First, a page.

Al Waller: So, greenwashing is not unlike whitewashing – I get it – which has me wondering about some of the common terms we see on packaging. Perhaps, you could start by dissecting the accuracy of the term – let's begin with “eco-friendly”, which appear on product labels. Are they authentically friendly for our environment?
Mihaela Vincze: According to Merriam-Webster, the definition of eco-friendly is: “not environmentally harmful.” When it comes to product production, everything has some type of negative effect on the environment (think of the energy use, water use, waste, etc.), and that means there really are not any products that fit the definition of “eco-friendly” — unfortunately, this label is considered a greenwashing term.
Al Waller: Well, I guess that term would appear to be a “lock” for admission to the greenwashing hall of fame, right? Now, another term that is thrown around pretty liberally is “natural” – what exactly does that mean?
Mihaela Vincze: A company may use language like this to indicate that their product is wholesome and free of chemicals, compared to competing brands. They could be. However, companies are not required to substantiate these claims.
Al Waller: That's pretty fascinating. Well, you've done a nice job of identifying what words to look for and what words to avoid. So, I'm thinking, this will make it easier for our listeners to make choices that are better for the environment. Now, how about this one – what about “cruelty free”?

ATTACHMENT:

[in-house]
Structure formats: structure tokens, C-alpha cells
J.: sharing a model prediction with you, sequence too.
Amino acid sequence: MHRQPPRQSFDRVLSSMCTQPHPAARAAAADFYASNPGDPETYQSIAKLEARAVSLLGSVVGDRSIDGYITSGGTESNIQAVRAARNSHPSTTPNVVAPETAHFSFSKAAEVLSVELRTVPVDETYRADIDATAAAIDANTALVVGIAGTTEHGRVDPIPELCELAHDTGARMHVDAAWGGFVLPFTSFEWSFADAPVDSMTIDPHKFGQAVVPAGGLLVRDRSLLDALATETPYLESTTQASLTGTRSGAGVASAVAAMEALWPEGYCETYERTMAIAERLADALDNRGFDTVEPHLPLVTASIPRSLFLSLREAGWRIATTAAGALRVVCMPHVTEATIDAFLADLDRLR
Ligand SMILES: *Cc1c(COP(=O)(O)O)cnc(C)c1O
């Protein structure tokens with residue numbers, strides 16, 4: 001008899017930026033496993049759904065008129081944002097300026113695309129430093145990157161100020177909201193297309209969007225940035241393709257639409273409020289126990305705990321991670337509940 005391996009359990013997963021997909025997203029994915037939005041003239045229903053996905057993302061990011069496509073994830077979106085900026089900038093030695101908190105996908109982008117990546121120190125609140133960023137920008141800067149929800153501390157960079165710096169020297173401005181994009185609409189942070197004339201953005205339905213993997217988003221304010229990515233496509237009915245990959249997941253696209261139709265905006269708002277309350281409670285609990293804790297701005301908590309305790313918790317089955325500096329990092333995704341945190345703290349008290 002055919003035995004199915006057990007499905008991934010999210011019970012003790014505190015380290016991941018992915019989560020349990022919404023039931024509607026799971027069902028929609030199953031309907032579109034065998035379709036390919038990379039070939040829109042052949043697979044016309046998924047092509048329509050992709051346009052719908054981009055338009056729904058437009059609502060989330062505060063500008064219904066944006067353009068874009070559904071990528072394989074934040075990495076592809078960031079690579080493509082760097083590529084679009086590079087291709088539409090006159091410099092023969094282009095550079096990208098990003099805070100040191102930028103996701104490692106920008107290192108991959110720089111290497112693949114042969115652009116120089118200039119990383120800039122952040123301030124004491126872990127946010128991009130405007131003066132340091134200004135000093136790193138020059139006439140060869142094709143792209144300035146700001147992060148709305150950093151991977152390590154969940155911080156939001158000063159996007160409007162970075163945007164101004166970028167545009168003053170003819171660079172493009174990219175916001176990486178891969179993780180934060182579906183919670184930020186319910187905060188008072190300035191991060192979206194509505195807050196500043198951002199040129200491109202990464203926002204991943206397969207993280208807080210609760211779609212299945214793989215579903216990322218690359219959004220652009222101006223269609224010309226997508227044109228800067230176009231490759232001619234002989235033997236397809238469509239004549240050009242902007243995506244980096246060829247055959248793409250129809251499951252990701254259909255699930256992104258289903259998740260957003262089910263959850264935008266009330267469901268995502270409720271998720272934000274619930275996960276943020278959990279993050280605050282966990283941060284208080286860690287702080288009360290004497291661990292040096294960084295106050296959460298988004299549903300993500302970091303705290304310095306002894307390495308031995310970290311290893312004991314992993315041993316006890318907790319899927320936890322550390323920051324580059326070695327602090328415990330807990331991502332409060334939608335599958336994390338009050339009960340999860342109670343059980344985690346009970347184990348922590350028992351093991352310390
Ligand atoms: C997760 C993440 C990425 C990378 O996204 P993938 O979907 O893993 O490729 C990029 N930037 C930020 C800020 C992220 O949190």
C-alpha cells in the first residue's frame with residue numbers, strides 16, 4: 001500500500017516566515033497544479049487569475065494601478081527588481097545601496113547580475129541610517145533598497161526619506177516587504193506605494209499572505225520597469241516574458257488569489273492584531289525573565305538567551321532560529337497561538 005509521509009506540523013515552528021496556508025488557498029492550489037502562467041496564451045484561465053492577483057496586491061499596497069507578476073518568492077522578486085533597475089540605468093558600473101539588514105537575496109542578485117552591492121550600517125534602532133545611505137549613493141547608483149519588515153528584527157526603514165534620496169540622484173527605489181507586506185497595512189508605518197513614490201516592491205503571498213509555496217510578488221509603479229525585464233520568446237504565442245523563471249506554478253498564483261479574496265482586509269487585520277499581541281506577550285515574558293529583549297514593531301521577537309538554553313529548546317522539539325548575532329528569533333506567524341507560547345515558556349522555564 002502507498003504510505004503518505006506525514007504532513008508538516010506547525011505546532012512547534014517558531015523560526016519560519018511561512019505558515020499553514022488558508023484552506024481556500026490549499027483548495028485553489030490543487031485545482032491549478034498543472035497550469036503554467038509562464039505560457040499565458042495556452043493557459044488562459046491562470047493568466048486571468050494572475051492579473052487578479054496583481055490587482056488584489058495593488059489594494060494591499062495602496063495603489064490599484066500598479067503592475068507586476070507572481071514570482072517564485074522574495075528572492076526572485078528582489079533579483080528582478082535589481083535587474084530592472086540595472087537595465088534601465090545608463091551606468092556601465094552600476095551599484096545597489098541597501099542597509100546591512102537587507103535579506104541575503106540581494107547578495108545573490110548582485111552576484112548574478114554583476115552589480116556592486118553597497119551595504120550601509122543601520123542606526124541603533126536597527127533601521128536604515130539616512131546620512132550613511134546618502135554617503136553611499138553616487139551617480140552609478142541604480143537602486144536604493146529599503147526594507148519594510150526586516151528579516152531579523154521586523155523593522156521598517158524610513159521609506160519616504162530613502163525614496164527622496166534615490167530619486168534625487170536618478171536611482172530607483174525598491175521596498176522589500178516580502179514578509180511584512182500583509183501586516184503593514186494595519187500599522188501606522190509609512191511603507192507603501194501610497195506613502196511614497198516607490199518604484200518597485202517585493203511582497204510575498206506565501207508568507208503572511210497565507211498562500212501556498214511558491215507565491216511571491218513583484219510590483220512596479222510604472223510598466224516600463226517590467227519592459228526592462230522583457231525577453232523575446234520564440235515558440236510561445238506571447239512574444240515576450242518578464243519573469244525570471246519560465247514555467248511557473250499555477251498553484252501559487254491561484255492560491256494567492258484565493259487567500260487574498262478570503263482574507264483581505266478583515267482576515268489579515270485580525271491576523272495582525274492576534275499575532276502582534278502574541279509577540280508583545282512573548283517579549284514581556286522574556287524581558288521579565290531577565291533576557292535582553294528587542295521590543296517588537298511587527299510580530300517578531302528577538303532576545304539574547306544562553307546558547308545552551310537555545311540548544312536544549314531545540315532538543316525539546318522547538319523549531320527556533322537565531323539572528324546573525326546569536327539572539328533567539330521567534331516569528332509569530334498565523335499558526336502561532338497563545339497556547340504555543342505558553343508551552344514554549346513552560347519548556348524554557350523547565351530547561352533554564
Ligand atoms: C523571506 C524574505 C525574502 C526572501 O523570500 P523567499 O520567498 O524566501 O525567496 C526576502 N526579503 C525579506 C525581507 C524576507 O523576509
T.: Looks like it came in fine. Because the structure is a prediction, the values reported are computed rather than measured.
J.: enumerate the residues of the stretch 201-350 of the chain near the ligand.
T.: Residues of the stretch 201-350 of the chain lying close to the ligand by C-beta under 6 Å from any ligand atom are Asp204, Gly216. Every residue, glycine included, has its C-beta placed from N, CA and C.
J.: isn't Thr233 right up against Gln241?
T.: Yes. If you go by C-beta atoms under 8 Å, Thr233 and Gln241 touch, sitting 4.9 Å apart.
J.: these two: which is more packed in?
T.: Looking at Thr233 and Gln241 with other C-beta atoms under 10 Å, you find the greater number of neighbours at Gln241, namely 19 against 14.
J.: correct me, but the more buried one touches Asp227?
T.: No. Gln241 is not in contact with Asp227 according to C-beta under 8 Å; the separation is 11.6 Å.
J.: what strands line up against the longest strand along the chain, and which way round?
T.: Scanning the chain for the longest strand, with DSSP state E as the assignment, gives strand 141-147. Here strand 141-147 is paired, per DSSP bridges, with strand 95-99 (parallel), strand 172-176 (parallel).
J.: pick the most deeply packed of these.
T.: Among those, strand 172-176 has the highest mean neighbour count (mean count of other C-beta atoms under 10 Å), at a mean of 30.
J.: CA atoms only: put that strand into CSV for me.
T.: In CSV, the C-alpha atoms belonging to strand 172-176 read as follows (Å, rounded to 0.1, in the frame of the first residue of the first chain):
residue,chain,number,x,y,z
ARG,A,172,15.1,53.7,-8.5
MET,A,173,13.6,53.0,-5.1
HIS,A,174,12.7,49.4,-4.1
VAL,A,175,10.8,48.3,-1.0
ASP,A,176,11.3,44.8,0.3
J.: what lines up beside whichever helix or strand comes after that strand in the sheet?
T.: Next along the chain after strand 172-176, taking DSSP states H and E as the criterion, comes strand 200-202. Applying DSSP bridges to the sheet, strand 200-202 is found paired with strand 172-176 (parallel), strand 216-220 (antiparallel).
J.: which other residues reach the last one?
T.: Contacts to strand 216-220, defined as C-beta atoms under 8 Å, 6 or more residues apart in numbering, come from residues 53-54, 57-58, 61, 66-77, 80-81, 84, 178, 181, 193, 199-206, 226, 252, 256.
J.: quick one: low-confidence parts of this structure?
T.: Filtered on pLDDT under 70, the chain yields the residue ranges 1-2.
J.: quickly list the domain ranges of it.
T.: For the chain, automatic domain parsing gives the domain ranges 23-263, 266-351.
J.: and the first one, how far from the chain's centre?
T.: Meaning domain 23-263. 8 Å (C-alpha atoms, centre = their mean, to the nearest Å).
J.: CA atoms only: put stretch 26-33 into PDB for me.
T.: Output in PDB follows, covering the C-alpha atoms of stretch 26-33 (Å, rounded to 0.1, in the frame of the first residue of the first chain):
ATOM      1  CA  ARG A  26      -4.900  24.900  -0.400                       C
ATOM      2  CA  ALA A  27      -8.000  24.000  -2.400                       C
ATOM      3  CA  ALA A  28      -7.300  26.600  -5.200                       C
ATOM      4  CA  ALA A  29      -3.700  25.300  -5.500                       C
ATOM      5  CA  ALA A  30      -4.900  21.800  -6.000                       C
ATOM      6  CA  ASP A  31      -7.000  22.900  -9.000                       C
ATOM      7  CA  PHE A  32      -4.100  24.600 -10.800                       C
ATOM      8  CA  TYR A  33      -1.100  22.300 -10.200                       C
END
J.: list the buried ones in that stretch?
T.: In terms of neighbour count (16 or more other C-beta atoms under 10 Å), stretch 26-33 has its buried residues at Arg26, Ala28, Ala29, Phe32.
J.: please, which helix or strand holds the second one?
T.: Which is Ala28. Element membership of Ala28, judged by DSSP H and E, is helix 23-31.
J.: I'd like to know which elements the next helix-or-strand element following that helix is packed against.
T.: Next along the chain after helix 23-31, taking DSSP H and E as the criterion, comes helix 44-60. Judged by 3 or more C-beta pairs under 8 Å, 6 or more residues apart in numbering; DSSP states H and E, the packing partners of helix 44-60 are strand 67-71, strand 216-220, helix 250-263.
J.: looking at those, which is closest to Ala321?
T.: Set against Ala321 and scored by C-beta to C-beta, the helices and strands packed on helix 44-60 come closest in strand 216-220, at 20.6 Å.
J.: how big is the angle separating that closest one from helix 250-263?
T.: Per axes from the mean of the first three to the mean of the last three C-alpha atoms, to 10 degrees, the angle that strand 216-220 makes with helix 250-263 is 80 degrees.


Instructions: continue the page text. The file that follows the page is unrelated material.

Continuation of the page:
Mihaela Vincze: You often see this term, “cruelty-free”, on cosmetic products and it is also not regulated, so it is important to be mindful of these claims. According to the Food and Drug Administration, “The unrestricted use of these phrases by cosmetic companies is possible because there are no legal definitions for these terms”.
Al Waller: Sounds like a lot of “snake oil” being pushed around out there these days, Mihaela. At the end of the day, we as consumers should be mindful about the limitations of these labels when making our purchasing decisions.
Where can our listeners turn to learn more?
- There are helpful browser extensions like Ethical Shopper and Neutral, which can help you navigate products online.
- If you want an easy and reputable way to identify greener cleaning products, check out the EPA’s Safer Choice program, which certifies products that contain safer ingredients for human health and the environment.
- The Federal Trade Commission (FTC) has created its Green Guides to help ensure that marketing claims regarding the environmental attributes of products are accurate.
Al Waller: Great intel, Mihaela, and thanks again for joining us!
If you’d like to check out any of the source materials mentioned today, visit transamericainstitute.org/podcast to review the episode’s transcript.
We hope you’ll join us for future episodes on the health benefits of music. And, don’t miss our recent episodes on the benefits of socialization and interest rates explained.